To fill with sudden wonder or amazement. See Synonyms at surprise. realism of the three cretinous cretinous
affected with cretinism. high-school students Suzanne enlists for her documentary Teens Speak Out (and subsequently lures into a plot to kill her inconvenient schlub schlub also shlub
A person regarded as clumsy, stupid, or unattractive.
[Yiddish, from Polish husband, played by the still nibbly Matt Dillon) as it is Suzanne's high-octane craziness that makes the movie. The scenes with her proteges, Jimmy. Russell, and Lydia make To Die For into funny (read: better) version of Kids. There seem to be two, maybe two-and-a-half movies at work here: the ubermovie that proffers a satire of television and lust for fame - the dullest aspect of the film - and the interstitial, "under" movie(s) that give it the savor of real art.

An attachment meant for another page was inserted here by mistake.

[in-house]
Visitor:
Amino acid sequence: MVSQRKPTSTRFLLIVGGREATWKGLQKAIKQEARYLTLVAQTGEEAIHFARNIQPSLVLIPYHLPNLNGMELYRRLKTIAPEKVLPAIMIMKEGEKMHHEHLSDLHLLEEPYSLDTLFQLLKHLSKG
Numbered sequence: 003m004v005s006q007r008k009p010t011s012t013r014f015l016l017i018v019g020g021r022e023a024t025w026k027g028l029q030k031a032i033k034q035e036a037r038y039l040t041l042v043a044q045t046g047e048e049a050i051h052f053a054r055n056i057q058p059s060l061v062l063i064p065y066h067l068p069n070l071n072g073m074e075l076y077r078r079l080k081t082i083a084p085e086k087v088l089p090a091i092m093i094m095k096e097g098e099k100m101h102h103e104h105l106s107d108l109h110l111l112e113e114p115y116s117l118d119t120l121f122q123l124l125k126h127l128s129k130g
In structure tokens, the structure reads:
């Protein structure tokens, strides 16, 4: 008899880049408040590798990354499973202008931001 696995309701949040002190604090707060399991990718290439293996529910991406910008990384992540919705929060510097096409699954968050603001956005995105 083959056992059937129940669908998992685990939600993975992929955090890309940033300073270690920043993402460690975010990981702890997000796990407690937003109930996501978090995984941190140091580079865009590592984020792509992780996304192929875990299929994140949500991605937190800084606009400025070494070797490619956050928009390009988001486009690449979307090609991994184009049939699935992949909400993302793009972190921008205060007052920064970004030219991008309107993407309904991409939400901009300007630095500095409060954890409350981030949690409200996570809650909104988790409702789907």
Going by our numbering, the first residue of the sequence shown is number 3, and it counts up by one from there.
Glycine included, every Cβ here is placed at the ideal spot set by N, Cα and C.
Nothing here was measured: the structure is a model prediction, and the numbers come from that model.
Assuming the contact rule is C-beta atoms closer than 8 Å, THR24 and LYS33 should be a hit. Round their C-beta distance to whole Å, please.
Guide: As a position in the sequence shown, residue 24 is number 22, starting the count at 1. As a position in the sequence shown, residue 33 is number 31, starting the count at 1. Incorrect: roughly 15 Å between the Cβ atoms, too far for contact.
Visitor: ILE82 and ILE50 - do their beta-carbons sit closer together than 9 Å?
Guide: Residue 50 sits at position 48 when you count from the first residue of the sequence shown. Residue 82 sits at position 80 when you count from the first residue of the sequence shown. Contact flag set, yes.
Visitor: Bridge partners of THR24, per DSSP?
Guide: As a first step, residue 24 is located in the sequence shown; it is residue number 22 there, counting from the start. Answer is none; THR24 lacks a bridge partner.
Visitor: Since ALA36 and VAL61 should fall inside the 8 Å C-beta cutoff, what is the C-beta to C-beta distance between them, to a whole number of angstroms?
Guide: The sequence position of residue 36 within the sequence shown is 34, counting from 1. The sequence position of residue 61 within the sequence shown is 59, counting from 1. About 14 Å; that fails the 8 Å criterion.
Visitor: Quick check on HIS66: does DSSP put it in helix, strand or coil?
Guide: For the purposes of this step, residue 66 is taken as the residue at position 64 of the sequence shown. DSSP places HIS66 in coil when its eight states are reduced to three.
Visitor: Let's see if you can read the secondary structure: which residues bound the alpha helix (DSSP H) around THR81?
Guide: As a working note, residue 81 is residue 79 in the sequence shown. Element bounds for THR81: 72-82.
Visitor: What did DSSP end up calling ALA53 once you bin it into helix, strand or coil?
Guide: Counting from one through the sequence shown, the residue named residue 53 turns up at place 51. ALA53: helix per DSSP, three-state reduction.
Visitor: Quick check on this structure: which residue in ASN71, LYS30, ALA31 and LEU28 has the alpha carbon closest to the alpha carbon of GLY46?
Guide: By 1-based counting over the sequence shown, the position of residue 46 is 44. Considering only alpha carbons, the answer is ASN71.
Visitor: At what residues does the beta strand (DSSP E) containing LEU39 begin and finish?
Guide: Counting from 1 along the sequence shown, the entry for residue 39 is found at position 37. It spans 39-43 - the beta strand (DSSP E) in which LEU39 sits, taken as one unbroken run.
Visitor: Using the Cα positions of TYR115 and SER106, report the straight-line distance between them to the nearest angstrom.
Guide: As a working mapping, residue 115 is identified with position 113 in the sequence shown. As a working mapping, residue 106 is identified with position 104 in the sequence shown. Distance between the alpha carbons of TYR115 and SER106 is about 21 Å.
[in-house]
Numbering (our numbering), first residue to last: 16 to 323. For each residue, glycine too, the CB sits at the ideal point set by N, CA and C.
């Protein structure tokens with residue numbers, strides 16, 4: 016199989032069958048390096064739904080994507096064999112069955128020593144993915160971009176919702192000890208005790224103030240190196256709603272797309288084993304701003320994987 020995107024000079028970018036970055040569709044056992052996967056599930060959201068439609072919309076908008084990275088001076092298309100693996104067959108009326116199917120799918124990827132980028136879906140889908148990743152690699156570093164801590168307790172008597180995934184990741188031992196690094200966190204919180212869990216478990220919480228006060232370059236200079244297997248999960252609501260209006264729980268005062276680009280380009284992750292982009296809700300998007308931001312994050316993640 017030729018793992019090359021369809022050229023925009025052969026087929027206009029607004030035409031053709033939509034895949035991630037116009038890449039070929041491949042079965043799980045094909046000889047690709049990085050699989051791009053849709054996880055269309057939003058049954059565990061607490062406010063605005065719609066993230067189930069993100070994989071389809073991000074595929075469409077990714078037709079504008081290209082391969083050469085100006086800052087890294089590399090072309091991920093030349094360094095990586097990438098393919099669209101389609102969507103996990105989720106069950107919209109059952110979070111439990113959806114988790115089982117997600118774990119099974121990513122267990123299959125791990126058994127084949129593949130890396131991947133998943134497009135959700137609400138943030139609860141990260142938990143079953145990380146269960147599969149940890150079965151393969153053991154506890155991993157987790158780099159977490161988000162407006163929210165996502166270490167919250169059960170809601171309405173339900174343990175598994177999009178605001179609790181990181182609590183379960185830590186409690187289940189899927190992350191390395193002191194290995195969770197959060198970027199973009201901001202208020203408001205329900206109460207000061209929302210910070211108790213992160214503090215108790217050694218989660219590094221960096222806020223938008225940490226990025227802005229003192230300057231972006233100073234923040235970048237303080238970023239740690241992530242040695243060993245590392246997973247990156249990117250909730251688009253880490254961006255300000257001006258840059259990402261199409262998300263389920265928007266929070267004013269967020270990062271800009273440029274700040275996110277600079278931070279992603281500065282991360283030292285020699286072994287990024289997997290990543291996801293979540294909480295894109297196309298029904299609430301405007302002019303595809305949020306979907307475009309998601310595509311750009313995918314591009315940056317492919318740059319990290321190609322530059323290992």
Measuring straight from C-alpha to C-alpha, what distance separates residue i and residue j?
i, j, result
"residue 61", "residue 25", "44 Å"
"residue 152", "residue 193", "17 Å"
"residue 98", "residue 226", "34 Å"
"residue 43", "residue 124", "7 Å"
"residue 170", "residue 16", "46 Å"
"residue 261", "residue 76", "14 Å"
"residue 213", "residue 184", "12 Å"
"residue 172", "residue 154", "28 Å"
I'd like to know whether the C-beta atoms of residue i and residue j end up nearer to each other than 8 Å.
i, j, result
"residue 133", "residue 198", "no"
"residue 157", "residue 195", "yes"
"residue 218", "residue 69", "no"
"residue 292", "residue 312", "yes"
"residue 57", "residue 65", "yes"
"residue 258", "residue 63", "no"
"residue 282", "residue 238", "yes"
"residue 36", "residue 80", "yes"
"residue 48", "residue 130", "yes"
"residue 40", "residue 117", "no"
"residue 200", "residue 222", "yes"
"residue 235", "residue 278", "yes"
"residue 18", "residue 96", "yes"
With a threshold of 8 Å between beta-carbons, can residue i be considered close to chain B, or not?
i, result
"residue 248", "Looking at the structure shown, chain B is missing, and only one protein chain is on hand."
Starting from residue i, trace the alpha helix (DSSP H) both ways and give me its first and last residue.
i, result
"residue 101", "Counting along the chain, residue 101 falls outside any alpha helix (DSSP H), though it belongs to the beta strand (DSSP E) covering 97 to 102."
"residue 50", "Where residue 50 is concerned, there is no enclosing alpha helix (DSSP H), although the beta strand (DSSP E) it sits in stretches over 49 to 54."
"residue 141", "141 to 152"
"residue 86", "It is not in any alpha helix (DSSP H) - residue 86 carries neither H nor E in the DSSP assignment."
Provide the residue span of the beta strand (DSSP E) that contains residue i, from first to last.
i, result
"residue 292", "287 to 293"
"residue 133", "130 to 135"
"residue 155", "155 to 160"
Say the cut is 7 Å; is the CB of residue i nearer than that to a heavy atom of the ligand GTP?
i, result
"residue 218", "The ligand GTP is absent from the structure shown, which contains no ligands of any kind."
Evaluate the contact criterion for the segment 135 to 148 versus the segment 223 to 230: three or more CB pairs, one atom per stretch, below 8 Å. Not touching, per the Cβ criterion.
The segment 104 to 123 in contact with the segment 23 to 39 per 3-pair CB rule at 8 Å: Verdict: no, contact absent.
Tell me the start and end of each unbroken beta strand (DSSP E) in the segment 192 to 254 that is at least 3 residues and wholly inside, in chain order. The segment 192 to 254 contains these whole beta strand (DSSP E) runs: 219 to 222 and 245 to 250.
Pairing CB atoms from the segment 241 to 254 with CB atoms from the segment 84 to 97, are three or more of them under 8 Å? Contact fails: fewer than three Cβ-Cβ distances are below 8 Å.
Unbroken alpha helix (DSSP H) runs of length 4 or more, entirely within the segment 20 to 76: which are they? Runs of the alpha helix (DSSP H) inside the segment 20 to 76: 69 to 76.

Received wisdom has it that great works of art. are supposed to reward us by their very complexity: we're meant to enjoy Ulysses in part because it is hard to read. Irony and ambiguity should heighten esthetic es·thet·ic
Variant of aesthetic. pleasure. The Turn of the Screw is good because reading it is so frustratingly like having an argument with an articulate crazy person. Even less classically/New Critically "resolved" texts are cherished precisely for their aporias and ellipses Ellipses is the plural form of either of two words in the English language: